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Levin Properties, L.P. v. Nouvelle Associates, LLC

A-1281-07T3 (N.J. Super. App. Div. 2009) (Unpublished)

EASEMENTS; COMMON SCHEMES — A restriction in one deed prohibiting neighbors from using common areas of that property for common purposes may be subordinate to a neighborhood scheme created by the common grantor of the deed in question and of the deeds for the neighboring properties.

An application was made to develop a movie theater as part of a large shopping center complex. The complex utilized shared parking for all of its component parcels. The project required a number of variances, including one for parking. The owner of another parcel located within the same shopping center contested the application, claiming that a restrictive covenant in its deed prohibited other businesses from using parking spaces in its part of the shopping center. The municipality’s planning board granted the application and declined to determine the legal relationship and property rights of the various parcel owners in the shopping center. In an attempt to resolve the dispute with the objecting owner, the applicant modified its design of the theater complex by repositioning the main entrance of the theater to the front of its own parcel, which was located on the opposite side of the other lot owner’s parcel. This necessitated the filing of an amended application to reconfigure the lot and to add nine additional parking spaces. The board granted the amended application with several conditions, including one that required the applicant to instruct its employees to park in parking spaces that were not located within the other lot owner’s parking area. The complaining lot owner appealed.

The lower court upheld both the initial and amended planning board decisions. It found that: (a) historically, the various commercial establishments in the mall had shared the shopping center’s open parking lot; and (b) the common grantor of the parties’ lots created a common plan for all of the lots that was tantamount to a “neighborhood scheme” wherein reciprocal parking easements were established to benefit all lot owners. The lower court rejected the other parcel owner’s argument that it, by virtue of the expressed language in its deed, had the right to prevent other members of the shopping center from using its spaces, while preserving its own right to use the remaining spaces in the center. In other words, the lower court said the parcel owner wanted “all the benefits” which would allow the parcel owner and its tenants to park anywhere in the shopping center “without any of the burdens of a restricted covenant,” i.e. since it had further language in its deed, no one else could park on its property. The Court held that owners of property within a common property scheme suffer the scheme’s burdens while they receive the benefits. It found, at a minimum, that there were implied easement grants for the common property. The owner of the other parcel within the shopping center appealed.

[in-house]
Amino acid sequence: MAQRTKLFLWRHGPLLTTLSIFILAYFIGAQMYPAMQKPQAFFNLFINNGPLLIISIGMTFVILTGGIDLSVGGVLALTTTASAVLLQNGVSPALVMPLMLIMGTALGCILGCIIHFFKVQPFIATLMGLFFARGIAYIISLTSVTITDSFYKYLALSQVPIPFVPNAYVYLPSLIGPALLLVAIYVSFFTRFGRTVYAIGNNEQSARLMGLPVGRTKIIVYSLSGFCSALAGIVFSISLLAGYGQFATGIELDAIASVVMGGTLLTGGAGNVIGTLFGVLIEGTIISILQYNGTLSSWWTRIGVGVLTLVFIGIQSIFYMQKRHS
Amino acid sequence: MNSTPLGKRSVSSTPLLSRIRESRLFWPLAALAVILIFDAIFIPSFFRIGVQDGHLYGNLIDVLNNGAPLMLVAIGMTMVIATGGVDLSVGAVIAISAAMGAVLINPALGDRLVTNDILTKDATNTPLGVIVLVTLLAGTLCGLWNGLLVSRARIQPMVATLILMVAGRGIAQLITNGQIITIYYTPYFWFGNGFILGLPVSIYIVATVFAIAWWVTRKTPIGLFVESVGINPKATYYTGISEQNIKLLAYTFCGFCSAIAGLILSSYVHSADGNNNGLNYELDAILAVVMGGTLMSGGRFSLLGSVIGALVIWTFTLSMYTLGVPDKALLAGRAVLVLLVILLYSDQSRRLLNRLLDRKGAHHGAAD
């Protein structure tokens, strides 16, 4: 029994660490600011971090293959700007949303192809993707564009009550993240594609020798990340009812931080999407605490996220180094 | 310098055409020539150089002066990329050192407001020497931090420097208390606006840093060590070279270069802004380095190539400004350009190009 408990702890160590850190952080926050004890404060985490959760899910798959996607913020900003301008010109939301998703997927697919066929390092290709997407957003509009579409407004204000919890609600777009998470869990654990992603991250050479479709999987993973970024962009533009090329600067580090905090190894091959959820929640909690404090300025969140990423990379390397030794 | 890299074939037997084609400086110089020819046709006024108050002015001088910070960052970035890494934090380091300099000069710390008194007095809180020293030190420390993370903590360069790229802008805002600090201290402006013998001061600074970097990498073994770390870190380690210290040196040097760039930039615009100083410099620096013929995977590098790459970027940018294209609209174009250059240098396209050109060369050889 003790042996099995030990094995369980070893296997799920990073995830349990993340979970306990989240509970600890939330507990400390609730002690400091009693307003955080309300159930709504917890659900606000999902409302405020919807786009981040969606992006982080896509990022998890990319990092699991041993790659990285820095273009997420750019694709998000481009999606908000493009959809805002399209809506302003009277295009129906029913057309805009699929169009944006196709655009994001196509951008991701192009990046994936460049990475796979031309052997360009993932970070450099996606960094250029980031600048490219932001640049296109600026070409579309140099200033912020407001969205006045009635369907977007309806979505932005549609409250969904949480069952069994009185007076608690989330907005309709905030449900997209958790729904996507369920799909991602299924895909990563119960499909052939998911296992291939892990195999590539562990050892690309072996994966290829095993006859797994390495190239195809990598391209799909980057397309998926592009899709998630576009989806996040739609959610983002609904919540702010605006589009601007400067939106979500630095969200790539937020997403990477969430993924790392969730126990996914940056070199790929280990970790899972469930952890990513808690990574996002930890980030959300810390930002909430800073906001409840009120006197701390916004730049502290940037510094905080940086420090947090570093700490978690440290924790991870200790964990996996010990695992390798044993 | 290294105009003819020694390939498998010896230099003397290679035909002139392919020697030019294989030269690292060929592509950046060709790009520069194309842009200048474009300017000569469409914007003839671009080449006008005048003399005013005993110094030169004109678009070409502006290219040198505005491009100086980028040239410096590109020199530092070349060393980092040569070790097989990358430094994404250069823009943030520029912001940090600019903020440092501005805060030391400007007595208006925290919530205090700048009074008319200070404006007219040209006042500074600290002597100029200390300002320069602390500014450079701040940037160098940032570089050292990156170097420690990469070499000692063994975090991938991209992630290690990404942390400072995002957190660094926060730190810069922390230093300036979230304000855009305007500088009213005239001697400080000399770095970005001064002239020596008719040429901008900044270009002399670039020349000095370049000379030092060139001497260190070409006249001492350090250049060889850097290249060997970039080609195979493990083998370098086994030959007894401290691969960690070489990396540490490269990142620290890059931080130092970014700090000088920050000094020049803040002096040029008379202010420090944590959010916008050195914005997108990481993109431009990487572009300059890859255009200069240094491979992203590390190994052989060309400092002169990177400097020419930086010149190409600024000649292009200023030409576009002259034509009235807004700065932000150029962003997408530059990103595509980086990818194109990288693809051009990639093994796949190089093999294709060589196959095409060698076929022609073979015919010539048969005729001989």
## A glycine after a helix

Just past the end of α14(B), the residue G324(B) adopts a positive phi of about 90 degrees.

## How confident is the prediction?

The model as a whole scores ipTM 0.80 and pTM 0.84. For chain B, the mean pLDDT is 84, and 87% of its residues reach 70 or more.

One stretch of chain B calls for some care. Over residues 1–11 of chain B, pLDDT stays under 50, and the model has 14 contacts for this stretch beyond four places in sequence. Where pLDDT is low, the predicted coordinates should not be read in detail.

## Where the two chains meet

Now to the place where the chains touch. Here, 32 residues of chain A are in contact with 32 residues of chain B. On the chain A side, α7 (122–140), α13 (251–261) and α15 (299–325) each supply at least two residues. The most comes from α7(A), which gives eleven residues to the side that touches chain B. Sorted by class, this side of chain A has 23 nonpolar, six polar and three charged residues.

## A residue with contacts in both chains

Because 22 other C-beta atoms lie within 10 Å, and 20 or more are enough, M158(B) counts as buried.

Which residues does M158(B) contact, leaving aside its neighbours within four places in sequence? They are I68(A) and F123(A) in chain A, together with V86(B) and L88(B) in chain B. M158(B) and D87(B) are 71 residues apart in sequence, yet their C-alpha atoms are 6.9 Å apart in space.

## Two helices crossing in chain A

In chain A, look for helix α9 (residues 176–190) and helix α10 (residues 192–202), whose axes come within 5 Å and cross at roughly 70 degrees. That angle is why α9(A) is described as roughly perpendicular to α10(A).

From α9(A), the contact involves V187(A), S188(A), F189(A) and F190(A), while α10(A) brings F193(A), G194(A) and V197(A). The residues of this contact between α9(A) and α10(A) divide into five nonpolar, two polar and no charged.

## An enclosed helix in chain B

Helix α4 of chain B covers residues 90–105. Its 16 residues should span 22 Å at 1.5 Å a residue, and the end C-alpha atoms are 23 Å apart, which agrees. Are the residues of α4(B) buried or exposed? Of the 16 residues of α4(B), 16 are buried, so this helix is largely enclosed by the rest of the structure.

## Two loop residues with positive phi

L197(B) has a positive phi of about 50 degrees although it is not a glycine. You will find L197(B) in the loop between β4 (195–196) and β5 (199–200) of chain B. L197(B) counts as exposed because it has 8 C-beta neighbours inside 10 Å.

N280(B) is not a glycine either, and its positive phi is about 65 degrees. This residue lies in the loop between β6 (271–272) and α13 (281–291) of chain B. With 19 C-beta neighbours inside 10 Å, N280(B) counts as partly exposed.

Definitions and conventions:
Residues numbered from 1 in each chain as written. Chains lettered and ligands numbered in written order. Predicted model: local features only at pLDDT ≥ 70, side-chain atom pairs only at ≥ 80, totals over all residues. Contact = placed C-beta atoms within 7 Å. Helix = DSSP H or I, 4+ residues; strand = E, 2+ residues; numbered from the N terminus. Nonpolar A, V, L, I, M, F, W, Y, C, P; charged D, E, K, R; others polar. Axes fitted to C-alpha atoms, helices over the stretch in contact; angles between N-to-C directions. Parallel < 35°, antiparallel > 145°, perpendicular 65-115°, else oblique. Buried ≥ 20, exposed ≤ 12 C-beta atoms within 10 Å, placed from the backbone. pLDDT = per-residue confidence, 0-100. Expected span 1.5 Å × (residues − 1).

The Appellate Division affirmed, rejecting the argument that the lower court erred when it applied common law easement principles to nullify the express restrictive covenant rights gives to the complaining parcel’s owner by the original grantor. It held that there was a common scheme regardless of the approach taken. The Court also rejected the contention that the planning board’s action was arbitrary, capricious, and unreasonable. It found that the restrictive covenants contained in the various deeds issued by the common grantor showed that it was the grantor’s intent to establish reciprocal parking easements and that the restrictive language in a lot owner’s deed was subordinate to, and otherwise superseded by, the neighborhood scheme created by the common grantor. The Court noted that a restrictive covenant is a contract; so long as any neighborhood scheme flows from the terms of the scheme, the restrictions apply to all lots of like character, the restrictions are effective. It also found that, although inapplicable to the current case, a complete uniformity of restrictions is not required when all the deeds for the lots making up any particular neighborhood group are made subject to uniform covenants.

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